In the season prior to the takeover, 2009/10, the club reached the Championship Playoffs (finishing in 5th place) before losing out at the semi-final stage to Cardiff City on penalties. Announcing the sale of the club Chairman Milan Mandaric said that the takeover would help Leicester “push forward to compete harder for a place at the top table of English football” and the expectation was certainly to kick on with the new financial strength the transaction would bring.
In the summer of 2010 Nigel Pearson left the club to become manager of Hull City and was replaced by Paulo Sousa who led them into the new season under their Thai ownership. A very poor start to the season, however, saw Sousa depart in favour of much travelled former England manager Sven-Goran Eriksson in October. He made an immediate impact and lifted the team to 10th place by the end of the 2010/11 season, still well below the playoff spot achieved the year before despite significant financial investment from the new owners.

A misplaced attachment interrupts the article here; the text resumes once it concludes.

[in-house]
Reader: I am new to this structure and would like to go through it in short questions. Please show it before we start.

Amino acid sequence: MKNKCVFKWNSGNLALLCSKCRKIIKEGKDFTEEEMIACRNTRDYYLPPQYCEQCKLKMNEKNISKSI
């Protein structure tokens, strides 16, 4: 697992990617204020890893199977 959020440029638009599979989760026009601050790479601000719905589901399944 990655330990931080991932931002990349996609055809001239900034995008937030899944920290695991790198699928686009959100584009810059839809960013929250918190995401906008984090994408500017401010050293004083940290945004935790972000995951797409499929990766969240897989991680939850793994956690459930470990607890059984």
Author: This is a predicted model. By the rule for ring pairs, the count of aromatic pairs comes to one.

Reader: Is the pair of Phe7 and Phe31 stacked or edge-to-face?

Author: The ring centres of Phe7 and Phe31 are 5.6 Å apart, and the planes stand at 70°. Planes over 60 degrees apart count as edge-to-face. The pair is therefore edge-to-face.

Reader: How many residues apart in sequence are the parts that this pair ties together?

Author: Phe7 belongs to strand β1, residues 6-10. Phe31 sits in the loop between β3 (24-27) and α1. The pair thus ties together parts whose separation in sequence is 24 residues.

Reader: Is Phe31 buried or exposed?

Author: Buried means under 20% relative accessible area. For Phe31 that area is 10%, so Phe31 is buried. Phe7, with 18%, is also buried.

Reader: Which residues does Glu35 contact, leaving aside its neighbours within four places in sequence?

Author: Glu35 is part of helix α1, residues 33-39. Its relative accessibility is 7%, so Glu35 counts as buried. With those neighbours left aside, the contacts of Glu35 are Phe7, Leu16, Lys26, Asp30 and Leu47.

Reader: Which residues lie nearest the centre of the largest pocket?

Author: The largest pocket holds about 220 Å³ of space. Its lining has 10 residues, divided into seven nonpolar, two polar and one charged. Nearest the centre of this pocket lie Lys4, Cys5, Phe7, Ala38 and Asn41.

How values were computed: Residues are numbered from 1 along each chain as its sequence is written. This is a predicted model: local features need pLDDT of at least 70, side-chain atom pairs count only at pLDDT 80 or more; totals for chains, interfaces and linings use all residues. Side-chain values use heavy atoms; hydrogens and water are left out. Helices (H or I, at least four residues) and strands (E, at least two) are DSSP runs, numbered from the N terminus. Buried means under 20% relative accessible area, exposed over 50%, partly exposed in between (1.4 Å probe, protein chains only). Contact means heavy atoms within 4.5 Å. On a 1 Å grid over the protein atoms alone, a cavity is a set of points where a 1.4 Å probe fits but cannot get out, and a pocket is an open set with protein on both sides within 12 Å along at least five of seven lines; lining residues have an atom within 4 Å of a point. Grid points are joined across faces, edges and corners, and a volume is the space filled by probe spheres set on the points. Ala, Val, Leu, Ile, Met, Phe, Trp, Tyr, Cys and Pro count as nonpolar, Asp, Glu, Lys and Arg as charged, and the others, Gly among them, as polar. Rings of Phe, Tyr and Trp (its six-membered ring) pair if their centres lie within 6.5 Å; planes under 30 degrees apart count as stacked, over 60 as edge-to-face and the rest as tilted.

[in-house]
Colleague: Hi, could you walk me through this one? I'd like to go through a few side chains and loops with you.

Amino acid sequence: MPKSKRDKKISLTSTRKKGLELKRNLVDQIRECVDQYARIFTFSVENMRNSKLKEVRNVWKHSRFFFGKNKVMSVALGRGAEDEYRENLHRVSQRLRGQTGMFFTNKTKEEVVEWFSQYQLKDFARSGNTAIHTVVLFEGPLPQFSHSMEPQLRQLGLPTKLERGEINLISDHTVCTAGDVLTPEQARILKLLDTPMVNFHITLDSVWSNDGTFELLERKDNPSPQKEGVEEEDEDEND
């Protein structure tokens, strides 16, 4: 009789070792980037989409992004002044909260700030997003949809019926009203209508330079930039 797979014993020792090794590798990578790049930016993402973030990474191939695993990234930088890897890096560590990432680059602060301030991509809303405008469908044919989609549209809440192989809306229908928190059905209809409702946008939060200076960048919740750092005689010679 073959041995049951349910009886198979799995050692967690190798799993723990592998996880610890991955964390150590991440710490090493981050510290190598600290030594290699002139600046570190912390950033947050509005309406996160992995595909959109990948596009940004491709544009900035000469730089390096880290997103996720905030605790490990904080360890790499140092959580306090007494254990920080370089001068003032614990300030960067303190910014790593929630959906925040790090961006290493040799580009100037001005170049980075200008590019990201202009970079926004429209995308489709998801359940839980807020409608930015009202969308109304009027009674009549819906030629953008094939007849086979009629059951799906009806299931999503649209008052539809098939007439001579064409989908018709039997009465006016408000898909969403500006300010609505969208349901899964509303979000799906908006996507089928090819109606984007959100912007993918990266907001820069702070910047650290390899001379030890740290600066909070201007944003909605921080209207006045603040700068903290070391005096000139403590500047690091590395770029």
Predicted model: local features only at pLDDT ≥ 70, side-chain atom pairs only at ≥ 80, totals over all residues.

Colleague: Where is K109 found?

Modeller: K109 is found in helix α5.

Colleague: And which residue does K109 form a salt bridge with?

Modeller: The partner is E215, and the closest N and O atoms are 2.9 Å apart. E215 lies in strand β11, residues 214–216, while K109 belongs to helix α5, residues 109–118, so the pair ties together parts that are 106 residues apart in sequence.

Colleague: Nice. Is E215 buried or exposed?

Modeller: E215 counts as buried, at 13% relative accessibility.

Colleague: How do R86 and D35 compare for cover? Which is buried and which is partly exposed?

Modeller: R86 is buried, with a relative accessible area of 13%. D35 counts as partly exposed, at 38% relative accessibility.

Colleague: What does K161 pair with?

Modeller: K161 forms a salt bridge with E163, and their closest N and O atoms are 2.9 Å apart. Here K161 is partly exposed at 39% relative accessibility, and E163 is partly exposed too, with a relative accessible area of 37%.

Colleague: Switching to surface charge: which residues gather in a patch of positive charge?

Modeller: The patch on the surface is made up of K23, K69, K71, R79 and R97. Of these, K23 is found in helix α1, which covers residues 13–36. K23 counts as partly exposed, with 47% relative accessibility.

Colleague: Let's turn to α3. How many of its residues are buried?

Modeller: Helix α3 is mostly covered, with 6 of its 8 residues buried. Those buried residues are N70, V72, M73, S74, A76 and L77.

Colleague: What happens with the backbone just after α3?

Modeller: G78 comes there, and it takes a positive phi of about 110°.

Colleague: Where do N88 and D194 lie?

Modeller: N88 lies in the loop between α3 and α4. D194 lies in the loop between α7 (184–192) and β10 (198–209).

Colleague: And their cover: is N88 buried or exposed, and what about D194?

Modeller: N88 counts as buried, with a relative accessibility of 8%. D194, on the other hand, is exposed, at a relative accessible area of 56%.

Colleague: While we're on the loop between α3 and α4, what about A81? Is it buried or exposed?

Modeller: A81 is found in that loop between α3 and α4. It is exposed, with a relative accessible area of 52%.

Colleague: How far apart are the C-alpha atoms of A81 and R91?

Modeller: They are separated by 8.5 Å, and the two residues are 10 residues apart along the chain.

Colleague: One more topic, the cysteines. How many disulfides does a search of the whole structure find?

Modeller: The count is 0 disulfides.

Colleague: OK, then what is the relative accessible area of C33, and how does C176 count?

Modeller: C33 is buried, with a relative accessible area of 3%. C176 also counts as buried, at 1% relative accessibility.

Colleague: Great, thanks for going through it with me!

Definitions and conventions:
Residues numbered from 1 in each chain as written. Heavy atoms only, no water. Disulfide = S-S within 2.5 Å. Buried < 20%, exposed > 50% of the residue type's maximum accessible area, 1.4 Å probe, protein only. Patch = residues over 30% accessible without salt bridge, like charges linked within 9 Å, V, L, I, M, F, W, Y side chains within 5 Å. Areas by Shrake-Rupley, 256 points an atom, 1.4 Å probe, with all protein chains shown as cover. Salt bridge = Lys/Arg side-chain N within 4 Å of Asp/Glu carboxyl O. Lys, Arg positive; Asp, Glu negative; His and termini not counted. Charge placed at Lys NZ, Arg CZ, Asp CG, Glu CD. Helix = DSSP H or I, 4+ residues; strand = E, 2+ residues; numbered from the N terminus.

Another slow start to the 2011/12 season saw Eriksson deposed after just 13 games as the club convinced Nigel Pearson to return, arriving on 15 November 2011 and leading the club to a 9th place finish. With the financial statements to 31 May 2012 now available it is these two seasons that I will focus on, using the one before as a base comparator.
Financial Review 2010-12
Leicester City is a good sized Championship club with revenues of £17.4M in 2010/11 which rose to £21.4M in 2011/12 as a result of increased sponsorship from a combination of Air Asia, Amazing Thailand and King Power. This increase in revenue has been dwarfed, however, by increases in costs which have more than doubled from £18.3M in 2009/10 to £39.8M in 2011/12.